The ABIM Physician Portal will support expanded options to allow diplomates to self-identify their gender, race and ethnicity. We heard clearly in conversations with our specialty boards and with diplomates that being able to self-identify accurately is vital—so we are providing more detailed options that are available on forms like the U.S. Census. For example, rather than identifying as “Asian,” diplomates who choose to do so will be able to select “Central Asian,” “East Asian,” “Southeast Asian” or “South Asian.”
The initiative follows several listening sessions with physicians who provided guidance on what identifiers for gender, race and ethnicity should be included on the Portal. Updating personal information is completely voluntary and will be used to add to the already rigorous work ABIM does to evaluate our assessments for fairness.
The additional information will allow ABIM to monitor each of our assessment items for fairness and eliminate or revise those found to be unfair.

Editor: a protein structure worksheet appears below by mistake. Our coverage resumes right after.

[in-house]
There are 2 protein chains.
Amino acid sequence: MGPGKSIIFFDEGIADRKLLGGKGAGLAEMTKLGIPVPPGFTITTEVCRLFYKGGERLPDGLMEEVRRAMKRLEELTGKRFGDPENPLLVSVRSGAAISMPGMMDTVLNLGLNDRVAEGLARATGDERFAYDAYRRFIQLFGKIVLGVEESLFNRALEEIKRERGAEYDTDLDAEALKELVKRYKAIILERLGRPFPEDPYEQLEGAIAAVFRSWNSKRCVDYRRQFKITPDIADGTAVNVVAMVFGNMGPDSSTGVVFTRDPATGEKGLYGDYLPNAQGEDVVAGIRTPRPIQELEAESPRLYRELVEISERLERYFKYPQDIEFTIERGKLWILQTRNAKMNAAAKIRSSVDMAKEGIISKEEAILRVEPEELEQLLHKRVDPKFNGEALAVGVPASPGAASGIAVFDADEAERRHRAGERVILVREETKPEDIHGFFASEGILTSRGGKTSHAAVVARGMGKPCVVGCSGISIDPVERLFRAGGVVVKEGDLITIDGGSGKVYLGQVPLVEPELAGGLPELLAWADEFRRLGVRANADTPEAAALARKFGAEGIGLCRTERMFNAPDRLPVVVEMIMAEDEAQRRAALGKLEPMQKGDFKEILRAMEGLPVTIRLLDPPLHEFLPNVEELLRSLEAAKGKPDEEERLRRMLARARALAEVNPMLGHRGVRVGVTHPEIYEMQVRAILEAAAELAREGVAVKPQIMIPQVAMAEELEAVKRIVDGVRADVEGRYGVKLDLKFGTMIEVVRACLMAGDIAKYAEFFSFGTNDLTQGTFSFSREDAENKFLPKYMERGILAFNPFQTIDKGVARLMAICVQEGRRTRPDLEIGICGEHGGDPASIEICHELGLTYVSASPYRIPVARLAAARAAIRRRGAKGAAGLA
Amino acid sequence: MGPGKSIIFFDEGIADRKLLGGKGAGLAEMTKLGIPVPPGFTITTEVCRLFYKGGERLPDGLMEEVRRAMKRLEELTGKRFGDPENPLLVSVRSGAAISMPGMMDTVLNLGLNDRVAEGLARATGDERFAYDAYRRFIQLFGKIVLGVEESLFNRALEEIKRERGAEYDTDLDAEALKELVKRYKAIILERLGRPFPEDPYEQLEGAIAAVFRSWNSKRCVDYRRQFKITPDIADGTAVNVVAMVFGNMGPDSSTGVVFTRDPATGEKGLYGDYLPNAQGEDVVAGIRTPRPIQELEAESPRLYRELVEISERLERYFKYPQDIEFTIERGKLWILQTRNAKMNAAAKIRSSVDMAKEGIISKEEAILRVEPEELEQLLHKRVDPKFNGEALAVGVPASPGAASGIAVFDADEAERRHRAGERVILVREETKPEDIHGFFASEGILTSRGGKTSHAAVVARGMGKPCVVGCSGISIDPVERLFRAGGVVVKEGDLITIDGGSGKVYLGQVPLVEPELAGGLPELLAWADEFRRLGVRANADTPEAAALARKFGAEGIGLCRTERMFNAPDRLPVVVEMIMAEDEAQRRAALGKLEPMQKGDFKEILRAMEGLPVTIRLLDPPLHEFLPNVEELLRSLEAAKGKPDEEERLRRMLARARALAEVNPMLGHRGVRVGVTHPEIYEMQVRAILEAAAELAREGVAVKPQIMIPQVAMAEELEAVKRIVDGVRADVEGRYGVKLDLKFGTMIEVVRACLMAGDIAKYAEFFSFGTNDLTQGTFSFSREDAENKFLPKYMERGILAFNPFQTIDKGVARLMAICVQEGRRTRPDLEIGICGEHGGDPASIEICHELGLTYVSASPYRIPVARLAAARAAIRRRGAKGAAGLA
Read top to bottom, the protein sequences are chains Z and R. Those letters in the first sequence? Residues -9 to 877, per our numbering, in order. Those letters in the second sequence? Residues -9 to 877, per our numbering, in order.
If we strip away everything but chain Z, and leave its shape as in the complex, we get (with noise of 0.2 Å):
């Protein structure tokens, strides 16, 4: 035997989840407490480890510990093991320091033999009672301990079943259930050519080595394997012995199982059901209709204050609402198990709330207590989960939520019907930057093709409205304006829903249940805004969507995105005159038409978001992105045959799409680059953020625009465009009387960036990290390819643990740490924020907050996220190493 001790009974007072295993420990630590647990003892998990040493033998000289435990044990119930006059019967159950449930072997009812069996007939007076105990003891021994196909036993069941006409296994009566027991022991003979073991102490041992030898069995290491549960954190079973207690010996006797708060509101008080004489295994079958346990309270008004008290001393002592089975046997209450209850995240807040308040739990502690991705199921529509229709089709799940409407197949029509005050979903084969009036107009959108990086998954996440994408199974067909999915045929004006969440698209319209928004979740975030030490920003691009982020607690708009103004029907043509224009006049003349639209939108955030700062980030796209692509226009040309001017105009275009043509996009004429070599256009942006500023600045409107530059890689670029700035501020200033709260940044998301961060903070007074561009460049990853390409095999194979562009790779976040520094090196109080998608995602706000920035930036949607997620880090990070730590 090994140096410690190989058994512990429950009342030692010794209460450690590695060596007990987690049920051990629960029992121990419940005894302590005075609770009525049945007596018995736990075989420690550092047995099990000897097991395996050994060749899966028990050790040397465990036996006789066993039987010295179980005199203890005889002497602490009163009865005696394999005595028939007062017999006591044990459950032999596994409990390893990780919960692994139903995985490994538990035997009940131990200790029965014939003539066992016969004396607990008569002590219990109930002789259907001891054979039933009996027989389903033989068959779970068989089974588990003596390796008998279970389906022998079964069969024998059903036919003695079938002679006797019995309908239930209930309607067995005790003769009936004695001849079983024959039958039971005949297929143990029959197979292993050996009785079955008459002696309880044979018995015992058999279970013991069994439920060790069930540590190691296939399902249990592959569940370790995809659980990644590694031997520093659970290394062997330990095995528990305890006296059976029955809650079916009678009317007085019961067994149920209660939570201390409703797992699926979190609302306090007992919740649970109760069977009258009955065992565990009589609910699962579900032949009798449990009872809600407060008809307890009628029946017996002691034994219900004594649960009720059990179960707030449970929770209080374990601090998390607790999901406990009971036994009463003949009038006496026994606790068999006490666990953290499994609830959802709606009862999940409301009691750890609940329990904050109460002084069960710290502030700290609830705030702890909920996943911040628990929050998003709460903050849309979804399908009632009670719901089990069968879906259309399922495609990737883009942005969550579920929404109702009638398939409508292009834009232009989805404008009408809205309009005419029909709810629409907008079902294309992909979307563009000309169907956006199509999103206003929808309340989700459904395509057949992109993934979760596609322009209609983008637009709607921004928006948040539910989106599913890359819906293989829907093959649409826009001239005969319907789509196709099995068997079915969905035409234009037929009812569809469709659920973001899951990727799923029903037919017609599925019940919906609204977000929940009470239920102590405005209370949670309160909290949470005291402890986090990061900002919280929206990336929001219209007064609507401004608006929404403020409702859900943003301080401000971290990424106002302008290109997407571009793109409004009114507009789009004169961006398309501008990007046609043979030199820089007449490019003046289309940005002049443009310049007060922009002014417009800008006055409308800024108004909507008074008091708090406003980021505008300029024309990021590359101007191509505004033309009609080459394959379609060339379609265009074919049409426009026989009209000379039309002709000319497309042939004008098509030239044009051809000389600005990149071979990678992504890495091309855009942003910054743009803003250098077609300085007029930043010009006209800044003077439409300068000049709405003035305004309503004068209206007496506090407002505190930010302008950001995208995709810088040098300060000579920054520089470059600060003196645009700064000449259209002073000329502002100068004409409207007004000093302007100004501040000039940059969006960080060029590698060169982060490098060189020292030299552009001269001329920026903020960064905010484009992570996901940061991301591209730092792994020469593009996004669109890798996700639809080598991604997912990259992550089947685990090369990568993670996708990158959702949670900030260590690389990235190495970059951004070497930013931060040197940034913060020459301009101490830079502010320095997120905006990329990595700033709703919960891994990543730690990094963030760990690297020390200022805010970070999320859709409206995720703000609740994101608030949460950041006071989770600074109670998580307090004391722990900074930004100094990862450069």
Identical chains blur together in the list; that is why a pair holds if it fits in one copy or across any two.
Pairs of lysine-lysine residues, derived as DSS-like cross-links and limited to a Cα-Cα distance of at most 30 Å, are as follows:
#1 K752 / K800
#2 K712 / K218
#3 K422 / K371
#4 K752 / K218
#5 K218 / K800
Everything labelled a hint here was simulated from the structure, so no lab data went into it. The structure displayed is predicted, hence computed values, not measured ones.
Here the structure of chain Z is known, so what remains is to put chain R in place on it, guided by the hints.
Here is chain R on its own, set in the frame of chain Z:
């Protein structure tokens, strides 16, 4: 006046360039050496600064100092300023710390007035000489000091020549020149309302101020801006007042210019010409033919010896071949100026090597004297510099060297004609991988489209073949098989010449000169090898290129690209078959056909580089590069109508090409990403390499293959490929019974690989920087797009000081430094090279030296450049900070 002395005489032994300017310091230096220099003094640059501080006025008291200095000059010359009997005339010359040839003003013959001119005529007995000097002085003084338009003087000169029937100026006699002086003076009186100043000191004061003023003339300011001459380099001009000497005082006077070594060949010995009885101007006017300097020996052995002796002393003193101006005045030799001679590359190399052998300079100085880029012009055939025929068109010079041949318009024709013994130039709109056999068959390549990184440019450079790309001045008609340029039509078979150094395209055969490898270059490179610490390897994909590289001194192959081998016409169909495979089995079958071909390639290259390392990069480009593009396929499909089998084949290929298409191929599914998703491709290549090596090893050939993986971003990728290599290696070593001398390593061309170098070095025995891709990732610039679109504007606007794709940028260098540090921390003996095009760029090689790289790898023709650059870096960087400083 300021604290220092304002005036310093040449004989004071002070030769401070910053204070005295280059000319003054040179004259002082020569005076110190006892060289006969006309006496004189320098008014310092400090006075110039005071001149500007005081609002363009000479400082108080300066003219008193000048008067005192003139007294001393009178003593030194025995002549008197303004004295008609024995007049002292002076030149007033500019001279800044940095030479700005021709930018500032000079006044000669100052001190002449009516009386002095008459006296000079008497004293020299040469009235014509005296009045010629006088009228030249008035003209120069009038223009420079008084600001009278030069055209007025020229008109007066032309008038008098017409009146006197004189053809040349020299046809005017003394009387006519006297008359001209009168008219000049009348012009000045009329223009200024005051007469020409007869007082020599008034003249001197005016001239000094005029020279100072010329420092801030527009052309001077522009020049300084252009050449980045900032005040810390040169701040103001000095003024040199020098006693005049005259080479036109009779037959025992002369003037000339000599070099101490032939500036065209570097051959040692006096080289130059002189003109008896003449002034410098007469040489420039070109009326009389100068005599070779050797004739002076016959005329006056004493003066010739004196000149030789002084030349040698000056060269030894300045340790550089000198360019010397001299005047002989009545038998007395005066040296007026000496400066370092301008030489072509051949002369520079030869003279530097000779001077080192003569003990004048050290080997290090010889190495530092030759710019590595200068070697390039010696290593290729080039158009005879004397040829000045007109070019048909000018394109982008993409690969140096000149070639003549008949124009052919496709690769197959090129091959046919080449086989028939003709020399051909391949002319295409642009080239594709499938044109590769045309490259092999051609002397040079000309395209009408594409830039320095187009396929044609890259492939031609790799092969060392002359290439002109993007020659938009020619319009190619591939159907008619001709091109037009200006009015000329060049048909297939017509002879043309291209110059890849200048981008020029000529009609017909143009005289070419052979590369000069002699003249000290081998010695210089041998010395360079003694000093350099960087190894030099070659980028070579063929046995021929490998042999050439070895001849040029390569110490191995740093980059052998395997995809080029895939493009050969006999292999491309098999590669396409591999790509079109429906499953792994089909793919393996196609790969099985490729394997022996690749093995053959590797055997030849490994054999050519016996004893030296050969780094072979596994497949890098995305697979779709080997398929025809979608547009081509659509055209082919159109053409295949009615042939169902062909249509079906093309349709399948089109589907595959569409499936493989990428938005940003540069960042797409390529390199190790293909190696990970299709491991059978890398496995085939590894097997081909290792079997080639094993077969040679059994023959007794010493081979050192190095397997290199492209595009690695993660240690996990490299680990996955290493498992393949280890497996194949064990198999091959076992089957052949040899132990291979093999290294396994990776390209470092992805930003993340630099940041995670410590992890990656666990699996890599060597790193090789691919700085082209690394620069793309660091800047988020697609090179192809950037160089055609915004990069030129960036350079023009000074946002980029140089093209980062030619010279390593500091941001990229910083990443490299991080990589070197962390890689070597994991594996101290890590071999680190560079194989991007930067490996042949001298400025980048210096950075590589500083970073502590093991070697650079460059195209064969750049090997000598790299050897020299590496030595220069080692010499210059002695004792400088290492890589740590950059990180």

“I’m glad to see ABIM implementing a self-describing option as a small effort to be more inclusive,” said Andrea Seiffertt, DO, who is certified in internal medicine. “If doctors are able to identify as closer to their full nuanced selves within their leadership organizations when they feel safe to do so, it helps change the wider culture, bringing more awareness and more acceptance for both doctors and our patients. I hope more professional organizations can do the same with their members.”
Additionally, collecting this information could help ABIM to have a deeper understanding of the internal medicine community, which can be used to make sure that our conversations are as inclusive as possible.